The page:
Poor air quality has remained stubbornly high in Cork over the past week, official data has shown — with most of the city's immediate suburbs enduring high levels of pollutants.
According to real-time data taken from the air quality sensor network PurpleAir, air quality around the suburbs of the northside and southside of the city over the past seven days has been "poor".
The air quality was worst around sensors placed in Montenotte, Mayfield, Knocknaheeny, and Hollyhill on Cork's northside, as well as Ballinlough, Ballyphehane, The Lough, and Tramore Valley Park on the southside.
By contrast, Ringaskiddy, Cobh, Passage and Monkstown had the best air quality over the past week, PurpleAir monitors showed.
The burning of solid fuels such as coal, peat, and wood is the biggest culprit when it comes to poor air quality, according to experts.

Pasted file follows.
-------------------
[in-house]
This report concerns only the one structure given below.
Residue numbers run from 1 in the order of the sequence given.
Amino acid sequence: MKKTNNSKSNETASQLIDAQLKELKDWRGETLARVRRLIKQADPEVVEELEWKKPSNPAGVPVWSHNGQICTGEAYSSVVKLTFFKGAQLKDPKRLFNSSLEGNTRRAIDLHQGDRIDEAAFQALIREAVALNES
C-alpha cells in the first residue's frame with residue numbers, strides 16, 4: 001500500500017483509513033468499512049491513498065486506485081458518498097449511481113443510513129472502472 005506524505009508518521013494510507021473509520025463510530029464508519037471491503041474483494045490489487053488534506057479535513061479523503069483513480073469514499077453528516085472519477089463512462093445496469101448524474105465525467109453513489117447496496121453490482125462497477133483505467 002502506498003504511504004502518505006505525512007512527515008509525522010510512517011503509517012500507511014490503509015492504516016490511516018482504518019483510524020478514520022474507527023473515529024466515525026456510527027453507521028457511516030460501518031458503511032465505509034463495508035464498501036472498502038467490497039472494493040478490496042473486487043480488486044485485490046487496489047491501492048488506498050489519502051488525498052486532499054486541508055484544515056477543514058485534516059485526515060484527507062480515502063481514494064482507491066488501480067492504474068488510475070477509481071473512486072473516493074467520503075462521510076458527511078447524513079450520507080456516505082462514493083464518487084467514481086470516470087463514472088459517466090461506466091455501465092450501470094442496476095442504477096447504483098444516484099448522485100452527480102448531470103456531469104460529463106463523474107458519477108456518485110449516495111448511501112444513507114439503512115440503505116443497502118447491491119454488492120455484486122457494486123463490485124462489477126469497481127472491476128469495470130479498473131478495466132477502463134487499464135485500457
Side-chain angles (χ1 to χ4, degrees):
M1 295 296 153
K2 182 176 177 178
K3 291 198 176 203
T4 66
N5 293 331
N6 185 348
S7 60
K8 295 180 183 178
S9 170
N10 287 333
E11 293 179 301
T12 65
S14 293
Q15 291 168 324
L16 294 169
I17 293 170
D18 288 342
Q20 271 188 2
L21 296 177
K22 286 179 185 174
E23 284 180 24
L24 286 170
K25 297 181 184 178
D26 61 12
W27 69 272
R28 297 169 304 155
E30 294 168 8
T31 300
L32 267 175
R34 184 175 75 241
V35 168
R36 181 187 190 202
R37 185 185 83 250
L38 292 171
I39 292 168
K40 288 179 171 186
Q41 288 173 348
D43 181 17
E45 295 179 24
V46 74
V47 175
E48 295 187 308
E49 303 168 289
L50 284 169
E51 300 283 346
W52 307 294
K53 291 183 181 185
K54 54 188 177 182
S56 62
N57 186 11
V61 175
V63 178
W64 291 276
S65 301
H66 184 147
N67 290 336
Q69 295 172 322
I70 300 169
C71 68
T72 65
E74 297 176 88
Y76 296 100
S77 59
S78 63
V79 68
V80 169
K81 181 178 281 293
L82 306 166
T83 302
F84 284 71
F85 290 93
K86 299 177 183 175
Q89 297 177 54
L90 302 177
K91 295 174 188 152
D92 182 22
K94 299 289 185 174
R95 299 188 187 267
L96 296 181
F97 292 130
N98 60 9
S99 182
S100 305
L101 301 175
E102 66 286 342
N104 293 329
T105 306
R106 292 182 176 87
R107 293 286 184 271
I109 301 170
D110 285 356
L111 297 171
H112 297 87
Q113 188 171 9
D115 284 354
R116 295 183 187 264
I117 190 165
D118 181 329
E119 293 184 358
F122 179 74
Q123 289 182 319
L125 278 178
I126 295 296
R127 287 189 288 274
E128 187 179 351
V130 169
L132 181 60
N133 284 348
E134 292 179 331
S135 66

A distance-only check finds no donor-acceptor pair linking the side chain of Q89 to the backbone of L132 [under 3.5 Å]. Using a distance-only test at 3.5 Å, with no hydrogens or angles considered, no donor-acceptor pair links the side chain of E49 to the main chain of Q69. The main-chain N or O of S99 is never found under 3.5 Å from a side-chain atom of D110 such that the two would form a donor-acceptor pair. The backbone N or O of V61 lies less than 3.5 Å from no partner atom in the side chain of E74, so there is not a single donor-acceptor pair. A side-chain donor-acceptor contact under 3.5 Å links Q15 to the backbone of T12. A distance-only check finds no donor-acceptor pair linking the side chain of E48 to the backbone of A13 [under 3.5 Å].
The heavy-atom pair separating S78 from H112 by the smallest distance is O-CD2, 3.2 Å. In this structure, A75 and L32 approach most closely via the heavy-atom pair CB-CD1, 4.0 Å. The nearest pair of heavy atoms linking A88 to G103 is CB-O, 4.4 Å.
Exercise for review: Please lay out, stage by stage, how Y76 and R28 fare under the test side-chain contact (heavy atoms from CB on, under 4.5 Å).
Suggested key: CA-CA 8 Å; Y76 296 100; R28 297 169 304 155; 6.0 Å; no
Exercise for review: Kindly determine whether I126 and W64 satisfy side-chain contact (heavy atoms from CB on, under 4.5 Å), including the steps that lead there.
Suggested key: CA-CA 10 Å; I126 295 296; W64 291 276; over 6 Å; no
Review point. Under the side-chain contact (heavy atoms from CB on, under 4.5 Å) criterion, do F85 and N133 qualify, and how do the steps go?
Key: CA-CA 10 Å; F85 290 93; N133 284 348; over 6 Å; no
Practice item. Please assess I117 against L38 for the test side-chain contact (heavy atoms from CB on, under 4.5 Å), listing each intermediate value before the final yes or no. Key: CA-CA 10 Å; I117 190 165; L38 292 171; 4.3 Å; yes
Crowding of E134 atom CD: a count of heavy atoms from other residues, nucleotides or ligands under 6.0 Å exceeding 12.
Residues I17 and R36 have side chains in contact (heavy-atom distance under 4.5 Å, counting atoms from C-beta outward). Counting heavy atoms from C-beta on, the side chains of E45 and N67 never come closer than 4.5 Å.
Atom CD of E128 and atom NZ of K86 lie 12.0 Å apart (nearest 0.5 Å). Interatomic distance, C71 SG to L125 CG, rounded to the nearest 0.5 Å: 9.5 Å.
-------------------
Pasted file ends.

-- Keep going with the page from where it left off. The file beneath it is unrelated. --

Every three hours, the Cork Air Quality Twitter account posts automated readings of real-time data taken from the air quality sensor network PurpleAir.
It showed the city fluctuated from fair to poor over the past few days, with only brief spells when the data showed air quality to be good.
The account advises that when the air is moderate to "enjoy your usual outdoor activities", but that "sensitive groups should consider reducing intense outdoor activities". When air quality is very poor, the account advises restricting intense activity outside.
Cork City Council and the Centre for Research into Atmospheric Chemistry (Crac) based at UCC set up the PurpleAir sensor network as a pilot project across the city to monitor particulate matter in the atmosphere in recent years.
Particulate matter is the combination of solid and liquid particles suspended in the air, such as dust, pollen, soot, smoke, and liquid droplets.
According to the Environmental Protection Agency (EPA), before the Covid-19 pandemic began in 2020, Ireland was above World Health Organization air quality guidelines at 33 monitoring sites across the country.
That was mostly due to the burning of solid fuel in cities, towns, and villages, the agency said.
Particulate matter from the burning of solid fuel is estimated to cause 1,300 premature deaths per year, it added.
Cork City Council announced last week that it is putting its Draft Air Quality Strategy to 2026 out for public feedback.